David Folkenflik

Geraldo Rivera of the Fox News Channel once described David Folkenflik as "a really weak-kneed, backstabbing, sweaty-palmed reporter." Others have been kinder. The Columbia Journalism Review, for example, gave him a "laurel" for his reporting that immediately led the U.S. military to institute safety measures for journalists in Baghdad.

Folkenflik is NPR's media correspondent based in New York City. His stories are broadcast on NPR's newsmagazines and shows, including All Things Considered, Morning Edition and Talk of the Nation. His reports offer insight into the operation of the media amid tectonic shifts in the industry and cast light on figures who help shape the way the news business works. NPR's listeners were first to learn how the corporate owners of the glossy magazine GQ sought to smother distribution of its provocative story about Russian Premier Vladimir Putin. They also found out, amid the sexual abuse crisis in the Catholic church, how a small, liberal Catholic weekly based in Kansas City had been documenting allegations of abuse by priests for a generation. Folkenflik provides media criticism on the air and at NPR.org on coverage of a broad array of issues — from the war in Afghanistan, to the financial crisis, to the saga of the "Balloon Boy."

Before joining NPR in 2004, Folkenflik spent more than a decade at the Baltimore Sun, where he covered higher education, Congress, and the media. He started his career at the Durham (N.C.) Herald-Sun. In 1991, Folkenflik graduted with a bachelor's degree in history from Cornell University, where he served as editor-in-chief of The Cornell Daily Sun.

A three-time winner of the Arthur Rowse Awards for Press Criticism from the National Press Club, Folkenflik won the inaugural 2002 Mongerson Award for Investigative Reporting on the News, presented by the Center for Media and Public Affairs and the University of Virginia's Center for Governmental Studies. Folkenflik's work has also been recognized with top honors from the National Headliners Club and the Society of Professional Journalists. He was the first Irik Sevin Visiting Fellow at Cornell and speaks frequently at colleges across the country. He has served as a media analyst on such television programs as CNN's Reliable Sources, ABC News' Nightline, Fox News' O'Reilly Factor, and MSNBC's Countdown with Keith Olbermann.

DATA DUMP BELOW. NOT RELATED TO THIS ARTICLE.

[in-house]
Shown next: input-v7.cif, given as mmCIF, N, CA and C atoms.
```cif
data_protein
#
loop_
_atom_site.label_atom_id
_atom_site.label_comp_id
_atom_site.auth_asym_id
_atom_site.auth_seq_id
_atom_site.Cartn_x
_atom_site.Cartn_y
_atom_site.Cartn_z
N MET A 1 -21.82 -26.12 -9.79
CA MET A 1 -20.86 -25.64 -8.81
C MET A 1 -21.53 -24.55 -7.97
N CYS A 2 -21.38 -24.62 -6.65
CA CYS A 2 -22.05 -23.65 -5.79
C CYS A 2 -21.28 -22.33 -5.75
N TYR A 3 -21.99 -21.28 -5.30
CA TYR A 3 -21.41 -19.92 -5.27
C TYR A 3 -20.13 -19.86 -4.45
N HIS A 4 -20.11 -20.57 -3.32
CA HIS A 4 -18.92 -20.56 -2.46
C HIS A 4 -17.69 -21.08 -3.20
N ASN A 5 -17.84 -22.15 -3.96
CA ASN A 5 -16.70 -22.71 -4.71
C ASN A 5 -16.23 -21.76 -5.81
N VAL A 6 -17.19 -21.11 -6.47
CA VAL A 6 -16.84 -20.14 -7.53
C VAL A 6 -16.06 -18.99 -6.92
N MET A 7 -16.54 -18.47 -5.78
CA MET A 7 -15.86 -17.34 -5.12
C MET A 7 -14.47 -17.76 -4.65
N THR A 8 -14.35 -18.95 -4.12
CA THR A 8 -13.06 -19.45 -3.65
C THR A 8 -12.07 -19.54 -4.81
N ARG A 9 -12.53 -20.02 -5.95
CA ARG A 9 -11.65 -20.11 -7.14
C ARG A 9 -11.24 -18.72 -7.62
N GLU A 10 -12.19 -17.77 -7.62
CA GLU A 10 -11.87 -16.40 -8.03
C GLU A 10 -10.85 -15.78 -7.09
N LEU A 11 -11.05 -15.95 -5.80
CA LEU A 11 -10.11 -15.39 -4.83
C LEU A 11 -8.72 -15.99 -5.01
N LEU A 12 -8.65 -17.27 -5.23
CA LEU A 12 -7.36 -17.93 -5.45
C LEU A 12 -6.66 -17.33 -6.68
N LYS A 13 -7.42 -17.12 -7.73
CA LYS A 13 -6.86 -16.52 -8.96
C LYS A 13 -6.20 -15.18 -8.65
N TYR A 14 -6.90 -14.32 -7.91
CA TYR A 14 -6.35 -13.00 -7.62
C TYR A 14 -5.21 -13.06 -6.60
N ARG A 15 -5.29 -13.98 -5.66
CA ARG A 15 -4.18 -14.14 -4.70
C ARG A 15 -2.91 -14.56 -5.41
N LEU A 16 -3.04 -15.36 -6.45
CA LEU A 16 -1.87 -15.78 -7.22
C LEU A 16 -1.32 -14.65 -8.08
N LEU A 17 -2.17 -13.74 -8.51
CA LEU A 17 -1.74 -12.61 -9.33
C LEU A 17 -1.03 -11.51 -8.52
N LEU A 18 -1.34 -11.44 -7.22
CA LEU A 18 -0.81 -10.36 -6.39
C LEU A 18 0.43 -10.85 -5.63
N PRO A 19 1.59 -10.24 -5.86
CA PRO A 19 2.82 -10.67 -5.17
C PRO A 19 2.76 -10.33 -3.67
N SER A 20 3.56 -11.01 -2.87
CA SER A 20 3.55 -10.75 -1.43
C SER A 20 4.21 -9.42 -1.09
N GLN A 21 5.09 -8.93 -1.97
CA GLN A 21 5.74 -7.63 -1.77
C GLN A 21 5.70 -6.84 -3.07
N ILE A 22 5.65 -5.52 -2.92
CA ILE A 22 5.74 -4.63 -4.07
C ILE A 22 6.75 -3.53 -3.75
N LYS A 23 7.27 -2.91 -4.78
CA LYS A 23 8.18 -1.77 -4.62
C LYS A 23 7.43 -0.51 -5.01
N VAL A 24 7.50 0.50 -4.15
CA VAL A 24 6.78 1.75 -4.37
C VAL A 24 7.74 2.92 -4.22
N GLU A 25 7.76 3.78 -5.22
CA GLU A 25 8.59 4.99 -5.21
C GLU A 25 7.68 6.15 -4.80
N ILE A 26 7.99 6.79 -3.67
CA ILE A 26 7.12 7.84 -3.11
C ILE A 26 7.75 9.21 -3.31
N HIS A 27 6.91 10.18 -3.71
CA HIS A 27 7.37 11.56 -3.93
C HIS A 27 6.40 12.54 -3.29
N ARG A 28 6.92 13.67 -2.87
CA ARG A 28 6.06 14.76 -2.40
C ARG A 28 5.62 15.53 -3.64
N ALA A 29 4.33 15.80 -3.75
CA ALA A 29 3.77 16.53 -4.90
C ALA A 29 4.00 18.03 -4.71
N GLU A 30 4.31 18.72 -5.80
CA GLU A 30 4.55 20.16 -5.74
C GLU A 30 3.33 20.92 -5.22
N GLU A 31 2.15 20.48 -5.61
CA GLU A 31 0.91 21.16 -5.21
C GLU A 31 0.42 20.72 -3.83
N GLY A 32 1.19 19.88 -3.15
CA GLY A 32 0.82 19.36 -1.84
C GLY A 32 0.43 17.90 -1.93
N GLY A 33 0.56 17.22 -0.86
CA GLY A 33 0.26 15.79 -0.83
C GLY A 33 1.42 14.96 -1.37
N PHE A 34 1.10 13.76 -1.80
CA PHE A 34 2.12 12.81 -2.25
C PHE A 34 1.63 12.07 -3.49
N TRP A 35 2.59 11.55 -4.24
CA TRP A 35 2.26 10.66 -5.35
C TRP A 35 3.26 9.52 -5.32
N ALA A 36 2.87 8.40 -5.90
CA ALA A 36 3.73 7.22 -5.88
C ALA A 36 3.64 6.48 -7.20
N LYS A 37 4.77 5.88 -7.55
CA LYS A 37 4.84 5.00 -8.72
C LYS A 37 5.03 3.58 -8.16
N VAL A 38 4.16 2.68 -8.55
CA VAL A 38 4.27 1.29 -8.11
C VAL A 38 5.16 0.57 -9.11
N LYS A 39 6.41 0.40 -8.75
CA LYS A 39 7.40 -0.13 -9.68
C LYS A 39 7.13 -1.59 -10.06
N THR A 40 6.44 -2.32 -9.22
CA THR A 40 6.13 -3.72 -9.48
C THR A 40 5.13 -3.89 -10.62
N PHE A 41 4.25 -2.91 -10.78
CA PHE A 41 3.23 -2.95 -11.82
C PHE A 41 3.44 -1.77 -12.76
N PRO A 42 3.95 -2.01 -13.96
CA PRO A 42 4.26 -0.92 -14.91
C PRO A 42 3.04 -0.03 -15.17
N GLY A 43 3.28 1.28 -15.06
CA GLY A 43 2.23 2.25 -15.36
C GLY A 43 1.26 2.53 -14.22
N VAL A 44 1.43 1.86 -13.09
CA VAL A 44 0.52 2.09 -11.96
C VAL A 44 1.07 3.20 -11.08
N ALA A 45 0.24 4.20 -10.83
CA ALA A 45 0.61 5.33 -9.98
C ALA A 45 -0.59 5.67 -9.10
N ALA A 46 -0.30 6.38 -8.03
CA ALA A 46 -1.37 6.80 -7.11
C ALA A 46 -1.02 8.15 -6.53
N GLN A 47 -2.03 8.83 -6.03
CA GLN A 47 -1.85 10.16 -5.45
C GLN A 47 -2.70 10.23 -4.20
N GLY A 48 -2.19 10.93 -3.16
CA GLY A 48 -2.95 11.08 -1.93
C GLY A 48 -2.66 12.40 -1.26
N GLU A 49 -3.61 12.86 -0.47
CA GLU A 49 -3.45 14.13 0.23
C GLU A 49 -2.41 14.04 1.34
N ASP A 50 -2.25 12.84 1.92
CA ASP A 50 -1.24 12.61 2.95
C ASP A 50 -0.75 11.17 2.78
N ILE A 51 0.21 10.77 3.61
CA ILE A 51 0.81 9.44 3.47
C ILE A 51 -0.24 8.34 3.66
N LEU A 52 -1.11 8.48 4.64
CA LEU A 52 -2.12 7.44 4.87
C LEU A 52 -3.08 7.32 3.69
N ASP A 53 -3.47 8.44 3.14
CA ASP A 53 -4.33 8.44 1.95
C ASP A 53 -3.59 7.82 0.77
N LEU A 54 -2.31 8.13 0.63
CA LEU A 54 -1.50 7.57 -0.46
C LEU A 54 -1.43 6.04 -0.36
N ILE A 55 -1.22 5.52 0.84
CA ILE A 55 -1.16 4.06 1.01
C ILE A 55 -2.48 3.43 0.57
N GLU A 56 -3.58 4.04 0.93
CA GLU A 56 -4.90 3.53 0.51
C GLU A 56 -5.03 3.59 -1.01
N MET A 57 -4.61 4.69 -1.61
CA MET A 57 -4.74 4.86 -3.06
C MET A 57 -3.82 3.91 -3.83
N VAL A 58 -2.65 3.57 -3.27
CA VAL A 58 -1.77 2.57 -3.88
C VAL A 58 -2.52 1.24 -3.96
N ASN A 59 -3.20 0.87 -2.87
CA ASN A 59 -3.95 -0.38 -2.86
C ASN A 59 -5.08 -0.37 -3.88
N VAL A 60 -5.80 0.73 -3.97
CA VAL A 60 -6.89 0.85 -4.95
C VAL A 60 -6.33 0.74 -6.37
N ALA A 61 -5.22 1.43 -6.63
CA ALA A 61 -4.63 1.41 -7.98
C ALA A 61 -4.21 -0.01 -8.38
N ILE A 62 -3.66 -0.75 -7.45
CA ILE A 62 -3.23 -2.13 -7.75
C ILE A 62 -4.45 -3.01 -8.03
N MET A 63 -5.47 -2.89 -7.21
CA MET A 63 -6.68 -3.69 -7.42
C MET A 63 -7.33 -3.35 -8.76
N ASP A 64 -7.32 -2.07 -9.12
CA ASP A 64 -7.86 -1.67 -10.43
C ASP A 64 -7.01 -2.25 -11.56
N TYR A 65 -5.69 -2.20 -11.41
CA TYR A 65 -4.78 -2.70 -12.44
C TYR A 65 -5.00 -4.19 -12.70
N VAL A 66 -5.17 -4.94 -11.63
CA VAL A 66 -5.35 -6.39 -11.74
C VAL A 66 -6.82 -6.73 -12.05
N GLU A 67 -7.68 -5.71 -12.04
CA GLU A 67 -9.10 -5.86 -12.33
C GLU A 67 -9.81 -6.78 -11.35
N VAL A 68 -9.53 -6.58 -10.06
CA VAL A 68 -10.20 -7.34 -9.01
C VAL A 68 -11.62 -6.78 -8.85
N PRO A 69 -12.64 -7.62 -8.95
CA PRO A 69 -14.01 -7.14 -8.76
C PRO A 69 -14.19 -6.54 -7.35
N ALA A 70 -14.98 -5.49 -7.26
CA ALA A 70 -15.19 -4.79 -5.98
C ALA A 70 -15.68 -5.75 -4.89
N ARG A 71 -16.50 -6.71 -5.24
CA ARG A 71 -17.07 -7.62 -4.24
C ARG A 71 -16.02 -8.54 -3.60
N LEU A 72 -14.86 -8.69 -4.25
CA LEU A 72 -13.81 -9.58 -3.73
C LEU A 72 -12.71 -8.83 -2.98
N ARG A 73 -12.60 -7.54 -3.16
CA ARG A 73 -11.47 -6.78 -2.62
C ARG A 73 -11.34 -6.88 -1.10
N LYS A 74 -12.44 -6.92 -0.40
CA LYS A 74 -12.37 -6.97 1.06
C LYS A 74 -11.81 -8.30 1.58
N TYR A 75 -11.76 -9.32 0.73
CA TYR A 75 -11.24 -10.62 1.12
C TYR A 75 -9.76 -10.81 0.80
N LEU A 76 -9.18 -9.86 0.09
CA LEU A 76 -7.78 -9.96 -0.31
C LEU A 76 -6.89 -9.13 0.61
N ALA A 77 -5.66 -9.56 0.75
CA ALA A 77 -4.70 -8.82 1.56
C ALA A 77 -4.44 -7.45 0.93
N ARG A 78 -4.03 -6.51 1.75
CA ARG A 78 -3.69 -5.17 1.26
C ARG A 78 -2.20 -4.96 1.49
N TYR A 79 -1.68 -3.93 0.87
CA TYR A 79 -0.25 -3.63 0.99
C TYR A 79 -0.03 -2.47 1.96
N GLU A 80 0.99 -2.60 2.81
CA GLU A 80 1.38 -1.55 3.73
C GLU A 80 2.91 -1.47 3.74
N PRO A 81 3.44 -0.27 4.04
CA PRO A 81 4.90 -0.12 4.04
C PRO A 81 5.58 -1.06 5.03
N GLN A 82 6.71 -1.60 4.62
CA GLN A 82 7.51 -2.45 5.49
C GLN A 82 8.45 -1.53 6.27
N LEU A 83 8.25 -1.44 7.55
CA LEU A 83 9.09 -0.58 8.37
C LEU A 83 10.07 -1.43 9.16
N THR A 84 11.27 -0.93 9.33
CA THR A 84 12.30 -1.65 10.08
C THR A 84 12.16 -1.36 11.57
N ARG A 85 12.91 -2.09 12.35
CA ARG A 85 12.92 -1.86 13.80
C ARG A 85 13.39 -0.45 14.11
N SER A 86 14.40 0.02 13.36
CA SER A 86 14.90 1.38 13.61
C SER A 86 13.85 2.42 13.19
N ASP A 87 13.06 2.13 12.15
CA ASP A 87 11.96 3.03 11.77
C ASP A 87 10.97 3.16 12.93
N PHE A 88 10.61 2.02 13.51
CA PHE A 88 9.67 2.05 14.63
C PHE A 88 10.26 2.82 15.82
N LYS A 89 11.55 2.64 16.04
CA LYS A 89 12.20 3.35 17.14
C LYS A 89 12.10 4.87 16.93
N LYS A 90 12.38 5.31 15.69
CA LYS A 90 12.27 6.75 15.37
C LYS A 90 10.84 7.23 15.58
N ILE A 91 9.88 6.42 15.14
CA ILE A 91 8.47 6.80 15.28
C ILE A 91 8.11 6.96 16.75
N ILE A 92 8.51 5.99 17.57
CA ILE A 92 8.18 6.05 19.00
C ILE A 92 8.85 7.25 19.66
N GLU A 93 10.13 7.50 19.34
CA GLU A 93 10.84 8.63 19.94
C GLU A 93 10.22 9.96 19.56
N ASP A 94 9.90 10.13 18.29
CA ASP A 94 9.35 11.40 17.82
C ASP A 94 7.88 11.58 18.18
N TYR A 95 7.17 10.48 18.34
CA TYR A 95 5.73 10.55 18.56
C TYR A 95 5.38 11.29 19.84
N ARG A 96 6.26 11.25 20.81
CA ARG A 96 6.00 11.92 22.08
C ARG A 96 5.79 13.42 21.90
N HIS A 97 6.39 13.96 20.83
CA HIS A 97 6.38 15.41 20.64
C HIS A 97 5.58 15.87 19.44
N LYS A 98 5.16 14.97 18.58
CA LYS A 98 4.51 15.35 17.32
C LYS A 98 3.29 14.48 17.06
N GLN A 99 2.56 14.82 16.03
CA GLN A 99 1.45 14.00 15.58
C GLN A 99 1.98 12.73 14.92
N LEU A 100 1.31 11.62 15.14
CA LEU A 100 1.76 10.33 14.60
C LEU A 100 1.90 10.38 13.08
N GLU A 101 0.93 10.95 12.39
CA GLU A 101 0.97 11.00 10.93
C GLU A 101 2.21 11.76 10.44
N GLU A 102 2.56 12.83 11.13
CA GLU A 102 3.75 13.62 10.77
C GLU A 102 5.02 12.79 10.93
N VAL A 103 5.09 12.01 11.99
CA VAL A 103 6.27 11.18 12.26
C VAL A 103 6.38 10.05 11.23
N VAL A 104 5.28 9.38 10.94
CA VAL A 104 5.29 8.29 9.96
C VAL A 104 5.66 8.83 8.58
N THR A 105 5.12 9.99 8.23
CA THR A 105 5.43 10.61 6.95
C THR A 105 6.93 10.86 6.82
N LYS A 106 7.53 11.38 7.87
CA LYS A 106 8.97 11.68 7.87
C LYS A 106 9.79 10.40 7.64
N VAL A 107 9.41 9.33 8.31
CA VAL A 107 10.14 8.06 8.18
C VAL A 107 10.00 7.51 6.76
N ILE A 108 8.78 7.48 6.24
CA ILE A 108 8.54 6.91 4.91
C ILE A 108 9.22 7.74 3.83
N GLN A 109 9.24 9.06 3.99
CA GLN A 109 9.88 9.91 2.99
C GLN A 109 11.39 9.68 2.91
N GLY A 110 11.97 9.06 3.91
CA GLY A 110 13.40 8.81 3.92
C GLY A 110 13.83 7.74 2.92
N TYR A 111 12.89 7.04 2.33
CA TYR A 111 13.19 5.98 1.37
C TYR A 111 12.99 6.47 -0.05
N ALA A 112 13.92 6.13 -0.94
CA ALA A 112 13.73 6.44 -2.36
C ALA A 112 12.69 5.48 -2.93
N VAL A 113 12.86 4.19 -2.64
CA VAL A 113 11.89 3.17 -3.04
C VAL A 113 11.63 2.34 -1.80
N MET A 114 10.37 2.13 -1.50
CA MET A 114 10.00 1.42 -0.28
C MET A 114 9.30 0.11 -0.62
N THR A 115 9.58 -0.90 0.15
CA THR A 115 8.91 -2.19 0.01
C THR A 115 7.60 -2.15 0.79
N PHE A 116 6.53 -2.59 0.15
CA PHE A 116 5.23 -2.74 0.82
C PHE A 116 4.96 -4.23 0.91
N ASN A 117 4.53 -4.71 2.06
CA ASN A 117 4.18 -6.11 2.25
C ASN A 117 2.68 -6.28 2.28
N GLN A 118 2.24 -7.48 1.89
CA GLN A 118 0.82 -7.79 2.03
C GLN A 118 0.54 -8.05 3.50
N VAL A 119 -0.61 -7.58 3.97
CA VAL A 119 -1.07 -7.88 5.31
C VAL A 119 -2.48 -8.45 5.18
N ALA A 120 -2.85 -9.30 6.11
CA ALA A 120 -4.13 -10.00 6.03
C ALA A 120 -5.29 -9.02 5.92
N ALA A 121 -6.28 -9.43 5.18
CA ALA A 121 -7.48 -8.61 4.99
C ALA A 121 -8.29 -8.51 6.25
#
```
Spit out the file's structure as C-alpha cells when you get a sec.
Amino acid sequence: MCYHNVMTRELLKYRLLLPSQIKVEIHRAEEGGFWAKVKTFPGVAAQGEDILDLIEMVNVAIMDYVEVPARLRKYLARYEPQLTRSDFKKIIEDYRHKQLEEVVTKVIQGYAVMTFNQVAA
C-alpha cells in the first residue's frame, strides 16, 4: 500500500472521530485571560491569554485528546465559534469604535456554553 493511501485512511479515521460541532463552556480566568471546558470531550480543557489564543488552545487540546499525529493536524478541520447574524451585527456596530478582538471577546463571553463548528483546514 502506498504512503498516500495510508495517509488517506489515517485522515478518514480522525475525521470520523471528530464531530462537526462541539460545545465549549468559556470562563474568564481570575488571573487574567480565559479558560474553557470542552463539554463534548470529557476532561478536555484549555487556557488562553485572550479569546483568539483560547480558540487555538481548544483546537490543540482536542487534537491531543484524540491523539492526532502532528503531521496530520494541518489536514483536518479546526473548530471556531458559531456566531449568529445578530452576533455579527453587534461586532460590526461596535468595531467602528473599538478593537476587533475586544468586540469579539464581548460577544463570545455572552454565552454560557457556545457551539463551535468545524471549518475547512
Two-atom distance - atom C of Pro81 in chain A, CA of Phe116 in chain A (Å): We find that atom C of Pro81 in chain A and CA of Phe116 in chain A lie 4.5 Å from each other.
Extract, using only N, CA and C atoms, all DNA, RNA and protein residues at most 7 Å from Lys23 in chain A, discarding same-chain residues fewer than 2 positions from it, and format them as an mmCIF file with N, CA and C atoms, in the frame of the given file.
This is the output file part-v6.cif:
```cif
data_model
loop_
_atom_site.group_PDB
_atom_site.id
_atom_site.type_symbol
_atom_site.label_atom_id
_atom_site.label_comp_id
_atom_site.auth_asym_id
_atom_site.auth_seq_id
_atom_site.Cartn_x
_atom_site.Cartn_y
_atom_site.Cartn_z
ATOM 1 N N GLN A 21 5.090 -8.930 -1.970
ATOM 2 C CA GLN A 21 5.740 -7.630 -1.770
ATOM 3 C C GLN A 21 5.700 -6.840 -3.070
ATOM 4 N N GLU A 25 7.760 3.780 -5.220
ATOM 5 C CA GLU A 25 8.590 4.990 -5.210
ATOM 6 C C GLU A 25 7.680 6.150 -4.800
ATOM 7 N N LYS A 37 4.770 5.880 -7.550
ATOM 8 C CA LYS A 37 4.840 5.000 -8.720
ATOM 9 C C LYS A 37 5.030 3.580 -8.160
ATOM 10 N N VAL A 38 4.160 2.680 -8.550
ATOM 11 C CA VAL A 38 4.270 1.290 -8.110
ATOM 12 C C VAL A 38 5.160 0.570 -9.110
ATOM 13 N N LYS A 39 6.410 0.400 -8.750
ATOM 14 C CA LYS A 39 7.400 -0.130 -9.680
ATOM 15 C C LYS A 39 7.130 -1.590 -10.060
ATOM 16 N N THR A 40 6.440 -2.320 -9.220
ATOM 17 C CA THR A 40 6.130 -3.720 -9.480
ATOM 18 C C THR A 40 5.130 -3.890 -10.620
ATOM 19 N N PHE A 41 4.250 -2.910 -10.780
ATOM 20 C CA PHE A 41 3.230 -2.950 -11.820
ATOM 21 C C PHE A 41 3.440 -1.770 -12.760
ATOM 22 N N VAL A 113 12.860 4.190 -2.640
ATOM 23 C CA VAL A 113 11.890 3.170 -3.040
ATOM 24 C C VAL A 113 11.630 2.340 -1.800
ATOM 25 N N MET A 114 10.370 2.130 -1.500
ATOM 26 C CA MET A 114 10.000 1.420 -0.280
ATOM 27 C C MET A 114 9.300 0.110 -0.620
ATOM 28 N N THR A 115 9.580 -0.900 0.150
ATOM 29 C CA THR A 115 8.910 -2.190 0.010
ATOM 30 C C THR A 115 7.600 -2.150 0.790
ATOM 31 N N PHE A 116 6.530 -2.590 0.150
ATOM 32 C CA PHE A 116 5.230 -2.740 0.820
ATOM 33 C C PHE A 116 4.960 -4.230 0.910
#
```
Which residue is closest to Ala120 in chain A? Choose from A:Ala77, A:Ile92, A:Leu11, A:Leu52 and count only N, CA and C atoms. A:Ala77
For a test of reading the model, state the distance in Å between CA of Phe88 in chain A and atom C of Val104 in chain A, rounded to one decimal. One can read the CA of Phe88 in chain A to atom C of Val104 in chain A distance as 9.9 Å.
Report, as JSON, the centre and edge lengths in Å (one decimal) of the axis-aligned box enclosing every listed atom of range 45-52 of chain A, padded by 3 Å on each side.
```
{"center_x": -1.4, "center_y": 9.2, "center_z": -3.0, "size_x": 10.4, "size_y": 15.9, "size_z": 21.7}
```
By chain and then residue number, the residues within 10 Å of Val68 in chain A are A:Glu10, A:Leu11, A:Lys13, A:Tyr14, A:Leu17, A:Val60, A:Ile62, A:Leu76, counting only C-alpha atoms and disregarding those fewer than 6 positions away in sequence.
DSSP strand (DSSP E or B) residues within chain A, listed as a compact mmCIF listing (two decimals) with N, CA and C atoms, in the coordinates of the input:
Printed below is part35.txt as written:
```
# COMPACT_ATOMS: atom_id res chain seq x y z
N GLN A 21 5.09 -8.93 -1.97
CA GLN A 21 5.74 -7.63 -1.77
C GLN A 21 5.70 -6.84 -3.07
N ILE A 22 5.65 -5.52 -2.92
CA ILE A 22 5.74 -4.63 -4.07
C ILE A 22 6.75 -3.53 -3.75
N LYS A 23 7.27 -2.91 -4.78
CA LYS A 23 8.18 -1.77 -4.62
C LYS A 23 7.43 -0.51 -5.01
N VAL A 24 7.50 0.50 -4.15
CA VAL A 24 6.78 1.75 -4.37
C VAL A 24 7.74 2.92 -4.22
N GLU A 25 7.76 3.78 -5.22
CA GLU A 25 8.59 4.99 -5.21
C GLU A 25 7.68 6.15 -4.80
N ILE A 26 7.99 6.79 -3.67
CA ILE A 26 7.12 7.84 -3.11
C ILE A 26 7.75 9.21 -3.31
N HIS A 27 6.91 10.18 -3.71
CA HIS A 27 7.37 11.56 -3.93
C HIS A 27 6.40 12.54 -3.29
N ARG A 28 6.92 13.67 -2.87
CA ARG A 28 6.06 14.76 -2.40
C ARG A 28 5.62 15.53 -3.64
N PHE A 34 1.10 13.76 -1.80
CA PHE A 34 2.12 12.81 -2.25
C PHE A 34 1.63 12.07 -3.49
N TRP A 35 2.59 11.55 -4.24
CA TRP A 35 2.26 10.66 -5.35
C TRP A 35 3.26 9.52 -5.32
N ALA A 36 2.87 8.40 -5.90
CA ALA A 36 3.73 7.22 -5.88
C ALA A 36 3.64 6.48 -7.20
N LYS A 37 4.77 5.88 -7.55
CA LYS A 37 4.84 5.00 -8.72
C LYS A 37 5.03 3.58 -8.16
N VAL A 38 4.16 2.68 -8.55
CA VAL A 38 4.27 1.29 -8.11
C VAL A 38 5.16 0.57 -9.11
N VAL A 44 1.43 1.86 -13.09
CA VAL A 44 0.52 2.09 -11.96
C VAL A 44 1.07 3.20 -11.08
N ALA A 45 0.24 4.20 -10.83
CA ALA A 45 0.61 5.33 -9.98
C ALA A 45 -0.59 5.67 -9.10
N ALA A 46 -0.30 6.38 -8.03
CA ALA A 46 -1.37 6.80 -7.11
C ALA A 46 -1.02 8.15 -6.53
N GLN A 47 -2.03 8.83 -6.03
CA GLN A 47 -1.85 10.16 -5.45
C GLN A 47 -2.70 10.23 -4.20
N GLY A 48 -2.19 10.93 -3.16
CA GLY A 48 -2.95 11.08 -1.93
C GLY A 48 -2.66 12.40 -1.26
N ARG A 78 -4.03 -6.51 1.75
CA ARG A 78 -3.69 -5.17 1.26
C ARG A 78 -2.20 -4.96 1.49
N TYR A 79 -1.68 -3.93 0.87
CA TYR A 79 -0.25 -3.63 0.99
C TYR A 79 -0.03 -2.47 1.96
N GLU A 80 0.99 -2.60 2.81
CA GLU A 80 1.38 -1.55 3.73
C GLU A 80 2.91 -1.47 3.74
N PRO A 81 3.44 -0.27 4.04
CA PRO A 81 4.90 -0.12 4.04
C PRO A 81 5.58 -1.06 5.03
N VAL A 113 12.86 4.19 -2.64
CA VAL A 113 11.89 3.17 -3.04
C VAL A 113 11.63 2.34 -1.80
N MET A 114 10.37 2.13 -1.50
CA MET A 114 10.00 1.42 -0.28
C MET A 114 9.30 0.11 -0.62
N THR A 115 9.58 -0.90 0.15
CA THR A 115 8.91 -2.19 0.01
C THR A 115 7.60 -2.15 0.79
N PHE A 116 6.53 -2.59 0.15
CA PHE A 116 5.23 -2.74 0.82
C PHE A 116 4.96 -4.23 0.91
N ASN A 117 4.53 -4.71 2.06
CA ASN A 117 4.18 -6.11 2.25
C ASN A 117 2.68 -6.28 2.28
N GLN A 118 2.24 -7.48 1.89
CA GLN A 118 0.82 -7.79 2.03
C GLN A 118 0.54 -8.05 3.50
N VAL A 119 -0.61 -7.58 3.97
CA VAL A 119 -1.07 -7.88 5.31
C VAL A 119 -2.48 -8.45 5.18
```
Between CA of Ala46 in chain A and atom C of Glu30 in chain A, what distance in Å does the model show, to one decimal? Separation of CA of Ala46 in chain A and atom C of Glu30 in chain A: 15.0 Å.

Rupert and James Murdoch appear to have won important corporate backing for their continued leadership of News Corp. amid the voice-mail hacking and police corruption scandal besetting the company in the U.K.

James Murdoch oversees the company's British, European and Asian operations, and it owns 39 percent of shares of the giant British broadcaster BSkyB. He is also that company's chairman. On Thursday, BSkyB's board delivered a vote of confidence in him while moving to mollify investors with a major stock buyback.

In his new book, Muzzled: The Assault on Honest Debate, the journalist Juan Williams argues that his contract was terminated by NPR as part of a larger pattern of the suppression of unwelcome opinions.